The rate of photosynthesis was compared with the accumulation of the products of photosynthesis. Gas exchange measurements were made at 330, 500 and 900 µEm-2s-1 (figure 2). In all cases net CO2 exchange increased slightly for the first four hours of illumination and remained constant for the rest of the light period. There was no evidence of any decrease in rate late in the photoperiod. An increase in the irradiance from 330 to 500 µEm-2s-1 caused a marked increase in the rate of net fixation of CO2. Increasing the irradiance further to 900 µEm-2s-1 led to a smaller increase in the rate of net CO2 exchange. In some species, photosynthesis decreases with the accumulation of sucrose (Farrar & Farrar 1985). L. album accumulates sucrose (figure 1) but showed no evidence of inhibition of photosynthesis across the photoperid at any of the irradiance values used in the study. At 330 µEm-2s-1, sucrose and starch were both synthesised simultaneously and continuously up to 16 hours light in L. album, suggesting that there was no threshold value for sucrose accumulation before starch synthesis began (Gordon et al. 1980).

 

 

Carbohydrate accumulation at higher irradiance - In order to see whether elevated photosynthetic rates (figure 2) altered partitioning, the products of photosynthesis were measured at the end of a 16 hour light period at 330 and 500 µEm-2s-1 and the differences compared. A statistically significant increase in sucrose accumulation was observed at 500 µEm-2s-1. No significant increases in starch or RFO were observed at increased irradiance (table 1). In soybean leaves that were acclimated to high irradiance, an increase in sucrose was observed, whereas starch contents remained the same (Silvius et al. 1979). However, in species such as tomato (Ho 1976), Sorghum sudanense (Piper) Stapf. (Wardlaw & Marshall 1976), and barley (Gordon et al. 1980), simultaneous increases in starch and sucrose contents were observed.

Partitioning of 14C after whole plant feeding - The distribution of sources and sinks within L. album was studied by measuring redistribution of radioactivity between plant parts following a 1 h feed (table 2). Young leaves and flowers functioned as strong sinks, with roots, stems and petioles being weaker, transient sinks. The maximum decline in soluble and insoluble radioactive fractions during the chase period was observed in middle leaves, which indicated that these were the major source leaves. Lower leaves also acted as a source leaves. Young leaves also fixed carbon but, since there was a marked increase in the insoluble component, they behaved as net sinks. Flowers and roots also acted as sinks. Flowers were the strongest sinks, since radioactivity in the soluble as well as in the insoluble fractions increased over time. These results were in accordance with data from soybean, showing that diurnal variation in storage was greatest in the leaf and decreased in the order leaf > petiole > stems > roots (Kerr et al. 1985).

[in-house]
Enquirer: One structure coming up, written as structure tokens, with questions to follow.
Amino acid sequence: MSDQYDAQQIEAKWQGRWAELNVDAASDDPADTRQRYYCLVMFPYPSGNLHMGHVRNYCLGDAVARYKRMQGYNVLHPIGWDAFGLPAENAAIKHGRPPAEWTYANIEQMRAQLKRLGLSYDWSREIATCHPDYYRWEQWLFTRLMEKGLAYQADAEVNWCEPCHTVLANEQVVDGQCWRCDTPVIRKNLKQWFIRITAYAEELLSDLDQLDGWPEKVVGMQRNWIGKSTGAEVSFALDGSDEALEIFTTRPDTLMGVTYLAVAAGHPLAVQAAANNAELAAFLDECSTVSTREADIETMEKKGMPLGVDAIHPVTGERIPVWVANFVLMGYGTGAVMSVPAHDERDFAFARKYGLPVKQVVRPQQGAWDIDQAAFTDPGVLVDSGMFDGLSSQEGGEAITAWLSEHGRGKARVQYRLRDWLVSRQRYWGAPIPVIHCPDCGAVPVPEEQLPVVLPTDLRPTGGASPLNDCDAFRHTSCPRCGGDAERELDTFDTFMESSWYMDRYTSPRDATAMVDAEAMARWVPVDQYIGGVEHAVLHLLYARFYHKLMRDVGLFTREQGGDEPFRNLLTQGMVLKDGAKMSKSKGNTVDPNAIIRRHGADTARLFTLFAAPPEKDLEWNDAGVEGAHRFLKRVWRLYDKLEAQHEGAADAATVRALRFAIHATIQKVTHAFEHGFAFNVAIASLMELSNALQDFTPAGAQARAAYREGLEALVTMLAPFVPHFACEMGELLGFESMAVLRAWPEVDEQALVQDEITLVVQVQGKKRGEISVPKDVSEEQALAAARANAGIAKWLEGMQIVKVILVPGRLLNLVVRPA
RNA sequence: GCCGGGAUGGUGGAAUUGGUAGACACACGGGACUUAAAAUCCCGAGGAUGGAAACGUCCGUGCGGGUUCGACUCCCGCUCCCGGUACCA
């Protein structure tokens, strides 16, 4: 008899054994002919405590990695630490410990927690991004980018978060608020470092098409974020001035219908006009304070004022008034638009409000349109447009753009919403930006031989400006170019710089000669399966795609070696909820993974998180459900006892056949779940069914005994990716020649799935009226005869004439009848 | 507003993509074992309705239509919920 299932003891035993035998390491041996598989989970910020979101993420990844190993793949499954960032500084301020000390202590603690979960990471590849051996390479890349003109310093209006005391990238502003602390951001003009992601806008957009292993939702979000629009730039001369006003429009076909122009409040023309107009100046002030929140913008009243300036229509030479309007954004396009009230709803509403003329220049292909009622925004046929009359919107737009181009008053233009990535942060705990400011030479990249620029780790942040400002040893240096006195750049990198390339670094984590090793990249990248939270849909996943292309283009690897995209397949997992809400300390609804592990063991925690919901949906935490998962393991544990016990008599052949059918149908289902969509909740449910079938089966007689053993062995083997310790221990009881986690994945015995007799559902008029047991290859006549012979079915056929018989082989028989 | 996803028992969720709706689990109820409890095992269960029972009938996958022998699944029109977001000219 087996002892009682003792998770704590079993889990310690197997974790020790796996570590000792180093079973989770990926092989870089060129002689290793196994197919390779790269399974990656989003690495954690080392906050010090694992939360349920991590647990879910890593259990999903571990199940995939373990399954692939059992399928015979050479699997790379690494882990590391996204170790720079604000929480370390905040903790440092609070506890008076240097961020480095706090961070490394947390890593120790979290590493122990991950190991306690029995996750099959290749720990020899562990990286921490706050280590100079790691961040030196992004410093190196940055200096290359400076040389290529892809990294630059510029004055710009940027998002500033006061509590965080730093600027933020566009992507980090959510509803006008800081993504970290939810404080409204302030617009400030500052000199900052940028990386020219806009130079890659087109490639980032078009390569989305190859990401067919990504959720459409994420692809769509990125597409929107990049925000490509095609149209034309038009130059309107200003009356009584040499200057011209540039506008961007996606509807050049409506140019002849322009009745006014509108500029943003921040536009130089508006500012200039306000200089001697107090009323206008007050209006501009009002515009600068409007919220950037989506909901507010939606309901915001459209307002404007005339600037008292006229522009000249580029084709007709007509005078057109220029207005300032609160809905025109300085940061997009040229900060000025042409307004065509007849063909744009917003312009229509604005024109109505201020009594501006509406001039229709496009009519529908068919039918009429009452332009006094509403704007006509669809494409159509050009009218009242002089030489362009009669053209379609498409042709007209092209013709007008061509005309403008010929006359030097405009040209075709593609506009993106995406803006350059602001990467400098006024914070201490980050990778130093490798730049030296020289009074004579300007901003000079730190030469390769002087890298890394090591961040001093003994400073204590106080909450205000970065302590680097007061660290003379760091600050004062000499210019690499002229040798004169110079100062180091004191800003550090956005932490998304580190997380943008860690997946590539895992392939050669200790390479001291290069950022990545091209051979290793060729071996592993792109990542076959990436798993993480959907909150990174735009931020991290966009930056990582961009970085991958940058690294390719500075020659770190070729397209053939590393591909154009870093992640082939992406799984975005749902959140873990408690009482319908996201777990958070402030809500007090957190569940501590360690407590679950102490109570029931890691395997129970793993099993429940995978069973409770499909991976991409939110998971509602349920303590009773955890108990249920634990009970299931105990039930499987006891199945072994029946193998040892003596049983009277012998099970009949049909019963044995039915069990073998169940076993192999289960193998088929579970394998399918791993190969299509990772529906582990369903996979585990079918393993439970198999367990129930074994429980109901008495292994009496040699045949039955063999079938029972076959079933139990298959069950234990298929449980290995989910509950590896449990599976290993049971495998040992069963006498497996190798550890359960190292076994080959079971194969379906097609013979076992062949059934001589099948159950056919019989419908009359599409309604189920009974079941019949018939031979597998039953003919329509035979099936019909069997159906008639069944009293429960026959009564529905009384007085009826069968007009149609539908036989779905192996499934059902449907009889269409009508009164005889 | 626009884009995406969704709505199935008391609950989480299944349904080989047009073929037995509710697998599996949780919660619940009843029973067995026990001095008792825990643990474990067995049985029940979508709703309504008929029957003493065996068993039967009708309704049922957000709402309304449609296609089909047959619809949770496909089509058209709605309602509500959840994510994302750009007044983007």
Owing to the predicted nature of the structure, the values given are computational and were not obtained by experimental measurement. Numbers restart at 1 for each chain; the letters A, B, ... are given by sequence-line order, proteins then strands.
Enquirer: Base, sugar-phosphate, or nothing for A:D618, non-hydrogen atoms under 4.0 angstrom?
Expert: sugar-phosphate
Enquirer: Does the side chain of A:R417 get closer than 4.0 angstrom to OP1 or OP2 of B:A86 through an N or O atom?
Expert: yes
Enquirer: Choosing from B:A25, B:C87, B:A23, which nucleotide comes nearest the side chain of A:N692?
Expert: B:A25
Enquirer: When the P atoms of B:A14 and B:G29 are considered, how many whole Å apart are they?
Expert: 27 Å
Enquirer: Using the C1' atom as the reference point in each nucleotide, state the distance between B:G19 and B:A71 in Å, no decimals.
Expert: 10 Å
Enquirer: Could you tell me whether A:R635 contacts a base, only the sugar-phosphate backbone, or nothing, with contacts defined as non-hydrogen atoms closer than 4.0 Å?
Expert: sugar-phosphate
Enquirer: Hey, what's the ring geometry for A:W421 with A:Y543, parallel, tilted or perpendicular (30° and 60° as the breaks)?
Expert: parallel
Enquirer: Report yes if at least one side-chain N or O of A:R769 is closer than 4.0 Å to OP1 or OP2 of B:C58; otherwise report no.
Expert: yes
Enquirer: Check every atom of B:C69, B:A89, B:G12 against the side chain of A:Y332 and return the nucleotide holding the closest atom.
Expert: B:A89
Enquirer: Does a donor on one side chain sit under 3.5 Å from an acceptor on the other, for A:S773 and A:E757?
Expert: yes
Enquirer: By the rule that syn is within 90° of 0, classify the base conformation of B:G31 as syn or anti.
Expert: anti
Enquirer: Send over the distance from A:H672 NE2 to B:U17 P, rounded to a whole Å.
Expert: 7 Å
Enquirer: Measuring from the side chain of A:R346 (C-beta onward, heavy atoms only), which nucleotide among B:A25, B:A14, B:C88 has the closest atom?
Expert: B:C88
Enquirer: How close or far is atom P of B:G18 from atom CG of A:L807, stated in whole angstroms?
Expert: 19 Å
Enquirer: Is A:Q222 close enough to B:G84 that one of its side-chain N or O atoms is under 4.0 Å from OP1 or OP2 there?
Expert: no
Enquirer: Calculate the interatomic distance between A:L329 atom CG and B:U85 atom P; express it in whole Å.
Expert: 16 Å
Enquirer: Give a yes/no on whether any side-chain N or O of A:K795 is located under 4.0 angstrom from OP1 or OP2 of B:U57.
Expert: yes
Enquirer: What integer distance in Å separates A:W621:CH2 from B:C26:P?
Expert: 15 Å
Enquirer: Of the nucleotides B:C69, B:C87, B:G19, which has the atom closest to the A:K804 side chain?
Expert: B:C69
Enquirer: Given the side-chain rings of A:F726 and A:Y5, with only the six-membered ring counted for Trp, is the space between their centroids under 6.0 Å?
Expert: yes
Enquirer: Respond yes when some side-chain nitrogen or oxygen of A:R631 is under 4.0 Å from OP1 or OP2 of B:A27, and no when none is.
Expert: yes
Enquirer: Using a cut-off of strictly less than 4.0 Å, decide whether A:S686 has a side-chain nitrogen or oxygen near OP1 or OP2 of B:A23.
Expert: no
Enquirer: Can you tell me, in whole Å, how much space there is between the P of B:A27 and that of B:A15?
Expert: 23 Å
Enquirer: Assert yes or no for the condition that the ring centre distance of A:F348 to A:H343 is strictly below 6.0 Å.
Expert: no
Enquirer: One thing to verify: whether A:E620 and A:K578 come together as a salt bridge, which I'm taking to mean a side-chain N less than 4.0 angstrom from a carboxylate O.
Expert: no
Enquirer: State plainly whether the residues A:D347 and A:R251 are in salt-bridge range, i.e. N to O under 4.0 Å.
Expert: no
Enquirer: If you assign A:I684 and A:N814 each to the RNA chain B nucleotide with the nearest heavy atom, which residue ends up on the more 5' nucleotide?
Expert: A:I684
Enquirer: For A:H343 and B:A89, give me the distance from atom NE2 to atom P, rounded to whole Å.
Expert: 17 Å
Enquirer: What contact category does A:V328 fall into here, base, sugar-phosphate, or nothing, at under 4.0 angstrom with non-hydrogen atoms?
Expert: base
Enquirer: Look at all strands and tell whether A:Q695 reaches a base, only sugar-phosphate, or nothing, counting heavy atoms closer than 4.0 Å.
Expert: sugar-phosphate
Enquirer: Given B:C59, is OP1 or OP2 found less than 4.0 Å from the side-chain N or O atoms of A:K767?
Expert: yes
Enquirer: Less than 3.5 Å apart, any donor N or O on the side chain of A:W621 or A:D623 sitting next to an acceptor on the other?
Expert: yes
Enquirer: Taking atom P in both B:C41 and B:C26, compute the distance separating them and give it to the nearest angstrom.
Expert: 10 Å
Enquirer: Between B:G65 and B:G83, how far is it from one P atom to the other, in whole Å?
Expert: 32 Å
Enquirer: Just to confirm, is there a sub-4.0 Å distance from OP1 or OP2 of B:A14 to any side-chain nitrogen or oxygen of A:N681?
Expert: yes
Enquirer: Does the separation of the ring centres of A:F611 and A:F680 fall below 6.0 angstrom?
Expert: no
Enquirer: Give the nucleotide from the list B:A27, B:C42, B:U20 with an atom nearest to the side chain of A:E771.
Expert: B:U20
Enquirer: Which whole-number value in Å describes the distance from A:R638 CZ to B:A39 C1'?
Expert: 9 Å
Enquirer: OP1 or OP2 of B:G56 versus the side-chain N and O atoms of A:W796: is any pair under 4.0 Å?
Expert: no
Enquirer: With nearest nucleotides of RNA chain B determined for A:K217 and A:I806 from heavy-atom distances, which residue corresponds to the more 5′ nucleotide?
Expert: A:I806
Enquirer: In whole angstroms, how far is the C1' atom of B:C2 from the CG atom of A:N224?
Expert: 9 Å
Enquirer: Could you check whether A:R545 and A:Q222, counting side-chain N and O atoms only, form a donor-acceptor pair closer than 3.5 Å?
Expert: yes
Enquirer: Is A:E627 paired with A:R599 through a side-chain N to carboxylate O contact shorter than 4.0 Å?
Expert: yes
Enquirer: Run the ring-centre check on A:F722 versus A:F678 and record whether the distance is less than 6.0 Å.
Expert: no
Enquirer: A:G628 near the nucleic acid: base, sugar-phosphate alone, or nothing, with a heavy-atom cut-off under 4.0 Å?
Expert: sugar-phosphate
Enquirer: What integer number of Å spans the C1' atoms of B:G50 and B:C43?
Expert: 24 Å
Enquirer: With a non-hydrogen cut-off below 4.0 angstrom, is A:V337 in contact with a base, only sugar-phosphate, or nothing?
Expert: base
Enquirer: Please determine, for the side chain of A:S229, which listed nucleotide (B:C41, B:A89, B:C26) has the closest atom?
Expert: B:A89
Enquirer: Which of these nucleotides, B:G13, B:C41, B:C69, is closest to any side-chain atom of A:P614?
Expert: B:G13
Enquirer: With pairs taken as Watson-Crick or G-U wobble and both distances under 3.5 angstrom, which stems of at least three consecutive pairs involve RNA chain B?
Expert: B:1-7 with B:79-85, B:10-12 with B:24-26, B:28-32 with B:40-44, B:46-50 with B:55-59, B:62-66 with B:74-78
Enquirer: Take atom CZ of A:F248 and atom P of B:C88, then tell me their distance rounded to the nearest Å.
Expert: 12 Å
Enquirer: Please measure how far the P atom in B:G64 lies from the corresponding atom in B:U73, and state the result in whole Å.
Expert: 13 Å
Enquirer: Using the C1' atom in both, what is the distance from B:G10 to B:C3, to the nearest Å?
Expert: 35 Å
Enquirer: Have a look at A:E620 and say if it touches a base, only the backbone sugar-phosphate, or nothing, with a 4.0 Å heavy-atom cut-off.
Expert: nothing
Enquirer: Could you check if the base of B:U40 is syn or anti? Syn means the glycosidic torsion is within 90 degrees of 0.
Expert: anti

Further analysis of the soluble fraction of mature source leaves indicated that radioactivity in neutral material declined both in absolute terms and as a proportion of the total retained radioactivity (table 3). Within the neutral fraction, TLC/autoradiography showed that a range of neutral compounds became heavily labelled during the feeding period, and that radioactivity declined in all of these during the chase period. Loss of label was most pronounced in sucrose, with other compounds showing greater retention, consistent with lower rates of respiration, metabolism or export (table 3). Two strongly-labelled components of the neutral extract required further characterisation. Following TLC, the more mobile component stained with a ketose-specific stain and was degraded by both a-galactosidase and invertase. A tentative identification as verbascose was confirmed by co-chromatography. The more mobile component did not contain fructose, was unaffected by invertase treatment but was degraded by agalactosidase. GC-MS analysis produced a single peak with primary mass fragments at m/z 204, 305, 345, 361 and 433. On this basis it was identified as galactinol. The retention of label in RFO suggests that, as in the case of Ajuga reptans, they are stored as well as translocated (Bachmann et al. 1994).

We also analysed further the insoluble components of middle (source) leaves. We were not able to detect glucose release following treatment with amyloglucosidase/ a-amylase using either radiometric or enzymatic assay. This apparent absence of starch contrasts strongly with the high rates of accumulation observed at 330 µEm-2s-1 (figure 1). Synthesis of sucrose was enhanced at 550 µEm-2s-1 when compared to 330 µEm-2s-1, whilst there was no increase in starch (table 1). We conclude that, at high irradiance (>1000 µEm2s1), carbon partitioning appears to shift almost completely to sucrose and RFO synthesis. This could result in the plant making oligosaccharides instead of starch as a reserve carbohydrate. Galactinol and verbascose were detected by chemical staining only in TLC separations of extracts from leaves exposed to high irradiance, which is consistent with such a shift in partitioning (data not shown).

We propose that assimilate partitioning in leaves of L. album depends on irradiance, with a flexible balance of partitioning between starch, sucrose and RFO. In this respect it is distinctive from the patterns in C3 temperate grasses in which the ratio of starch to sucrose and fructan remains relatively constant over a wide range of storage conditions (Housley & Pollock 1985).

Acknowledgements – We are grateful to Felix Keller (Zurich) for the gift of galactinol and to Andreas Richter for confirming the presence of galactinol and verbascose in our extracts. A. Kochhar acknowledges The Cambridge Commonwealth Hinduja Trust, Downing College Cambridge and The Council of ViceChancellors and Principals for financial support.

 

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(received: January 29, 2003; accepted: September 18, 2003)

 

 

1 Corresponding author: chris.pollock@bbsrc.ac.uk